Wheelchairs can be incredibly helpful for pets with paralysis or paresis (weakness). At Walking Paws Rehab we can assist you with picking out the best custom wheelchair for your pet.
There are many types of pet wheelchairs for different conditions and delayed function. So many to choose from, we are here to help! Our therapists can help you determine which wheelchair is the most appropriate assistive device for your pet based on your pet’s history, exam, and your goals.
Our team of specialists will measure for the right size and work closely with the manufacturer to design an appropriate fitting wheelchair to match your pet’s needed function. We will also fit your pet to their new wheelchair and make any needed adjustments to ensure proper fit and movement.
Most pets placed in a wheelchair don’t take off running right away. They have to learn all the baby steps to get back to running again. Following a pet wheelchair fitting we will help your dog learn how to control movement in a wheelchair, stand, take steps, turn, back up, walk uphill, walk downhill, and clear narrow openings. Our goal is to ensure a successful outcome and get your pet back to going on walks with the use of a wheelchair.
The following are a few exercises you can do with your pet a few times a day to help them adapt to being in a wheelchair.
Static standing in the wheelchair. Your pet has to learn how to stand again. Support your pet under their belly, because often a pet will fall backwards and collapse or try to lie down the first time they go in a wheelchair. So you can do basic exercises of just placing your dog or cat in the wheelchair and hold a stand while offering treats.
While standing in the wheelchair you can have your pet do cookie reaches/stretches. Take a treat and have your pet reach forward, reach up, reach down, angle to the left or right to grab the treat.
Head circles. Have your pet learn to shift their weight in the wheelchair by using a treat to promote their head going in a circle. You can do a circle going forward and back or a circle going up and down.
Forward/backward weight shifts/rocking. Use a treat to have your pet reach forward and then reach back in their wheelchair. You will see the wheels roll forward and backward slightly. This exercise teaches your pet to control their motion going forward and backwards and how to shift weight in their wheelchair without falling.
Lateral weight shifts. Place your hand on your pet’s side and shift their weight side to side.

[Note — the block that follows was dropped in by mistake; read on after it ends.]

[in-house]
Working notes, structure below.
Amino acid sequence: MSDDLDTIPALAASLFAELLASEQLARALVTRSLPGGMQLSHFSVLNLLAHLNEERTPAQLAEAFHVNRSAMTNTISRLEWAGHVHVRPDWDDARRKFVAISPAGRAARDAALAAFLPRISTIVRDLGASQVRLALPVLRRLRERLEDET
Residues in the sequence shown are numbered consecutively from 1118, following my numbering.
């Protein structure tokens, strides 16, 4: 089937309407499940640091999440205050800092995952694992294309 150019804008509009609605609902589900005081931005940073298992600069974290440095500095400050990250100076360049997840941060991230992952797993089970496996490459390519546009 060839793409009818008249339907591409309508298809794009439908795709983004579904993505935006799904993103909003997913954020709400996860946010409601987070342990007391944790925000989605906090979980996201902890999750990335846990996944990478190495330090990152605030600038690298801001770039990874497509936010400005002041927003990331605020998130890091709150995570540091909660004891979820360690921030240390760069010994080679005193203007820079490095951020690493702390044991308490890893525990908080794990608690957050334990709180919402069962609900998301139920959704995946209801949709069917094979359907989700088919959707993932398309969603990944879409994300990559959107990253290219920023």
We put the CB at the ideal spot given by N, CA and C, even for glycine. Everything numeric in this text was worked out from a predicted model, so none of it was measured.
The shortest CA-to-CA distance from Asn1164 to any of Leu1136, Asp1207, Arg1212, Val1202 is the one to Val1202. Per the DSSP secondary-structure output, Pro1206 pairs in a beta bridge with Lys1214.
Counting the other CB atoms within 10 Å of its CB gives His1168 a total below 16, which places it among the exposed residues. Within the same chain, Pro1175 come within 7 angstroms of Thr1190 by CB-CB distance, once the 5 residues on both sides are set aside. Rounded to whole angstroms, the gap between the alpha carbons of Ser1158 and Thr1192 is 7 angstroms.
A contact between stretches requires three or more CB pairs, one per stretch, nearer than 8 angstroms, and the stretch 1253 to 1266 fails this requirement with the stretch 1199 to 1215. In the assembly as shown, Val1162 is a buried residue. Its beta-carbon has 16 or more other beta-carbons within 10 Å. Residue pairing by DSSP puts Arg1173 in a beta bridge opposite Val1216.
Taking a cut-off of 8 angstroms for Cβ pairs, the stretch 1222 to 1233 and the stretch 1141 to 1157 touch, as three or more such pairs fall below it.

Proprioceptive toe drags while standing supported in the wheelchair. Take your pet’s leg and have them do an alternating walking motion while holding a standing position. When in the stance phase drag their paws on the ground. This can be done in the grass.
Steps to the left, steps to the right. Using treats lure your pet to take one or two steps to the left, then one or two steps to the right.
Forward walking. Using treats lure your pet to take steps forward. Often we have a second person behind the pet assisting with movement in their legs. Or we utilzie a second person to support your pet from falling. Remember, your pet has to regain the strength to hold a stand again and now pull the weight of a wheelchair. Most pet’s are weak at first and need support until they get stronger.
Backwards walking. Using treats, push into your dog’s nose. They will often take steps back.
Turning in a circle. Start with a large circle and then make them tighter.
Turning to the left, turning to the right. Building onto side steps have your dog start turning to the left, then right in tight motions.
Walking through a passageway or two cones. This will help your dog learn the width of their wheelchair. If they get stuck, use a treat to lure them into backward steps to reposition correctly.
Figure 8s around cones/small obstacles. This will teach your dog turning and maneuvering around objects.
Weaving around cones/small obstacles
Walking up gentle inclines/declines. First do a straight motion, then diagonal, and lastly circles.
In our rehab sessions we will teach you how to perform the above exercises. We don’t start off with all these exercises at once. We often progress through the phases based on how your pet is doing.
Walking Paws Rehab
649 South Broadway
Boulder, CO 80305